Did IQ Research Cause U.S. Immigration Restriction?
By Bryan Caplan
People who believe in the importance of IQ often conclude that they’ve found a scientific rationale for immigration restrictions. They’re wrong. But has their mistaken inference led to more restrictive immigration policies?
The Immigration Act of 1924 seems like the clearest example. During World War I, IQ researchers found that recent immigrants had below-average IQs. A few years later, lo and behold, the U.S. government imposed new immigration quotas based on the 1890 census, leading to a predictable crash in Southern and Eastern European immigration. Hardly a smoking gun, but certainly suspicious.
After reading Snyderman and Herrnstein’s article, “Intelligence Tests and the Immigration Act of 1924” (American Psychologist, 1983), I’m convinced that this suspicion is incorrect. Contrary to several modern accounts, early IQ researchers never found that 75%+ of Jews, Hungarians, Italians, and Russians were “feeble-minded.” Goddard, the author of the relevant study, was deliberately studying a sub-normal group. He explicitly stated that his study “makes no attempt to determine the percentage of feeble-minded among immigrants in general or even of the special groups named–the Jews, Hungarians, Italians, and Russians.” The standard finding, rather, was that immigrants’ test scores were modestly lower than natives’. And according to Snyderman and Herrnstein, there was no consensus that this modest IQ deficit was hereditary or justified immigration restrictions.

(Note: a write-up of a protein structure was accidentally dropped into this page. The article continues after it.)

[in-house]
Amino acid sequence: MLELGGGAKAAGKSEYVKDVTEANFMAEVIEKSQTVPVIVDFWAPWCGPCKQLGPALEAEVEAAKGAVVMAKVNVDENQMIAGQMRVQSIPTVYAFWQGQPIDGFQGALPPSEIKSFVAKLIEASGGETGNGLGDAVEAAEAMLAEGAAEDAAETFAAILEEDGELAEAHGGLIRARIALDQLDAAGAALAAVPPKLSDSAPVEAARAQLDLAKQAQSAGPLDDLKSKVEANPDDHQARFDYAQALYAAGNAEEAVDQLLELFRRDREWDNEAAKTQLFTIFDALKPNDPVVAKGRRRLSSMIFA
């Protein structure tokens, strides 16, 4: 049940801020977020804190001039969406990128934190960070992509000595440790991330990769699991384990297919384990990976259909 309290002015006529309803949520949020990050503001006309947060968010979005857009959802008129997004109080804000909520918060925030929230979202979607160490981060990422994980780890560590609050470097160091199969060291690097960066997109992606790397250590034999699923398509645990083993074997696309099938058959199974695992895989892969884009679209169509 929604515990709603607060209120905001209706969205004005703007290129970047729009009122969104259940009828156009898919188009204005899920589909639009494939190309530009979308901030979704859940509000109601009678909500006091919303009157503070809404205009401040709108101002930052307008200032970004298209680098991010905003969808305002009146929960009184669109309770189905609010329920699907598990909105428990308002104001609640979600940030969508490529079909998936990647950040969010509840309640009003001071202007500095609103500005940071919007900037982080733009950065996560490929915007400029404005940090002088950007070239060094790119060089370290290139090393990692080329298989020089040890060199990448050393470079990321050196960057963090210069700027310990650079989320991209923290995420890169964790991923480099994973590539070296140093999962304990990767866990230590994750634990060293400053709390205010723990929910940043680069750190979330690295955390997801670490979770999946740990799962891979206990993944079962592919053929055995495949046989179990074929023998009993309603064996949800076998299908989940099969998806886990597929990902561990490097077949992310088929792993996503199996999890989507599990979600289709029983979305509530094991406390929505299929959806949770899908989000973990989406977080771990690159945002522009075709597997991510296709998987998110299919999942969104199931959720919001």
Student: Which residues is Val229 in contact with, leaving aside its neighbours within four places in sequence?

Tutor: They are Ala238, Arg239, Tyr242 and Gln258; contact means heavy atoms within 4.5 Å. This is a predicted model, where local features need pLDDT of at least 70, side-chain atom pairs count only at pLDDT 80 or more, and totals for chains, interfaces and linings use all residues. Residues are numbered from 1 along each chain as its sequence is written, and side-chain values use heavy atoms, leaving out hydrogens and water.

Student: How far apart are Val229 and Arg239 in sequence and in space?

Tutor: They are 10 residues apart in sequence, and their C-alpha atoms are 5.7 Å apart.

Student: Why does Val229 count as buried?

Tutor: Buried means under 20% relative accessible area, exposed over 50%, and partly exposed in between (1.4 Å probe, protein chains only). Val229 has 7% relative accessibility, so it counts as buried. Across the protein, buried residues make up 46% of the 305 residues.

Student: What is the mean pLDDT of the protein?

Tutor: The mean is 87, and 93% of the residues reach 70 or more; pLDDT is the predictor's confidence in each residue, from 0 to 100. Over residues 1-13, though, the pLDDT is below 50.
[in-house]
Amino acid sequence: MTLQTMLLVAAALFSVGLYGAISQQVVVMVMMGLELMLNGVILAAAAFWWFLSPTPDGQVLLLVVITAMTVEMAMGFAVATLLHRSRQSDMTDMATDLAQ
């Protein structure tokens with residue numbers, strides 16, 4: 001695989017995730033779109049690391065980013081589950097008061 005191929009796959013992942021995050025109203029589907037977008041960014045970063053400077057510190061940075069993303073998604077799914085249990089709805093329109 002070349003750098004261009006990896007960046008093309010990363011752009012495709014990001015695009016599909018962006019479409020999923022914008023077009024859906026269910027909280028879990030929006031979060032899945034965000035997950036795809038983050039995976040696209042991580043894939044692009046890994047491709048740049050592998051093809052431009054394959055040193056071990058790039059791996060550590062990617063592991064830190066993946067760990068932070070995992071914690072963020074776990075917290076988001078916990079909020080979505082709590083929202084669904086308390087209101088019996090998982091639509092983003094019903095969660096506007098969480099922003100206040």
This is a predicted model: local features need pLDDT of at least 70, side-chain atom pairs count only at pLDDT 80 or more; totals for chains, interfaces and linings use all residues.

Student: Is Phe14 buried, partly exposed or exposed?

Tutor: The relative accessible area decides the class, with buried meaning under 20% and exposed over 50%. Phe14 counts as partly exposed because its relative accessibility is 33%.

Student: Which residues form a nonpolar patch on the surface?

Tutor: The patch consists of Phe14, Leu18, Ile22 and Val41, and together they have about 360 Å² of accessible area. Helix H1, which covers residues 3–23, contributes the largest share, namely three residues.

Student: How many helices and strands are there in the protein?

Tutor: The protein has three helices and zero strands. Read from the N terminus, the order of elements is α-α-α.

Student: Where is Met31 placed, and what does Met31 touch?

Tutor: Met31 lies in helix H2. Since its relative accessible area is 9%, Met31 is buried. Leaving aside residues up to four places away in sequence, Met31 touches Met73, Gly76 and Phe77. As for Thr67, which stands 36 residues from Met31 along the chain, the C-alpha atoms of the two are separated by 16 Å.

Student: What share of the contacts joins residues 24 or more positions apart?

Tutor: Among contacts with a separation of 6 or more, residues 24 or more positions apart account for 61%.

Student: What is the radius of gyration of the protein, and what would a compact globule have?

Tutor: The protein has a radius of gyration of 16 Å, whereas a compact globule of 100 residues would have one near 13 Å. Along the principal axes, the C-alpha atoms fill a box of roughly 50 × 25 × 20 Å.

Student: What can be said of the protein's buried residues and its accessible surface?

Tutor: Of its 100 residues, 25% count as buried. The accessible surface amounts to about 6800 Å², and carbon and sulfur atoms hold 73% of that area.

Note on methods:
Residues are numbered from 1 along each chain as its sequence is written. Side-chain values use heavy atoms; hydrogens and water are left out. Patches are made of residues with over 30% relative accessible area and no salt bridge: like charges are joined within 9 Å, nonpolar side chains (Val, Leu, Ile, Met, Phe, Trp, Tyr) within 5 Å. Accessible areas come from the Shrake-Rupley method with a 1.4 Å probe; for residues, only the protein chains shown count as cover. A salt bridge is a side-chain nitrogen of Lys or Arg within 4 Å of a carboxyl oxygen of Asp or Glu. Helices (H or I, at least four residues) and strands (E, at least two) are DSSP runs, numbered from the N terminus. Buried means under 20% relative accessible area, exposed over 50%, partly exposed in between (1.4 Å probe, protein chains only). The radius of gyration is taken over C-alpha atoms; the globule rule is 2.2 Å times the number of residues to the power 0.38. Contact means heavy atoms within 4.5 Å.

More to the point, though, S&H show that politicians were barely aware of IQ research:
There is no mention of intelligence testing in the Act; test results on immigrants appear only briefly in the committee hearings and are then largely ignored or criticized, and they are brought up only once in over 600 pages of congressional floor debate, where they are subjected to further criticism without rejoinder. None of the major contemporary figures in testing– H. H. Goddard, Lewis Terman, Robert Yerkes, E. L. Thorndike, and so on–were called to testify, nor were any of their writings inserted into the legislative record. The overlapping distributions of test scores for various national and racial populations would probably have created more problems for the Act’s proponents than for its opponents, which may help explain why the intelligence testing movement of the early 20th century left so few traces in the record. The examples of racism occasionally evident in both early psychometric writings and the Immigration Act do not appear to be causally related to each other. Rather, each reflects in its own way a crest in the long history of American Anglo-Saxonism, anti-Catholicism, and anti-Semitism…
My main reservation about Snyderman and Herrnstein’s account: In The Bell Curve, Herrnstein and Murray sound like they want to use IQ research to restrict immigration:
[W]e believe that the main purpose of immigration law should be to serve America’s interests. It should be among the goals of immigration policy to shift the flow of immigrants away from those admitted under nepotistic rules (which broadly encourage the reunification of relatives) and toward those admitted under competency rules, already established in immigration law – not to a total exclusion of nepotistic and humanitarian criteria but a shift. Perhaps our central thought is that present policy assumes an indifference to the individual characteristics of immigrants that no society can indefinitely maintain without danger.
My suspicion is that, despite internal debate, early IQ researchers were indeed anti-immigration. Nevertheless, there were merely a handful of intellectuals. The overwhelming reason why politicians restricted immigration was not psychometrics, but public opinion.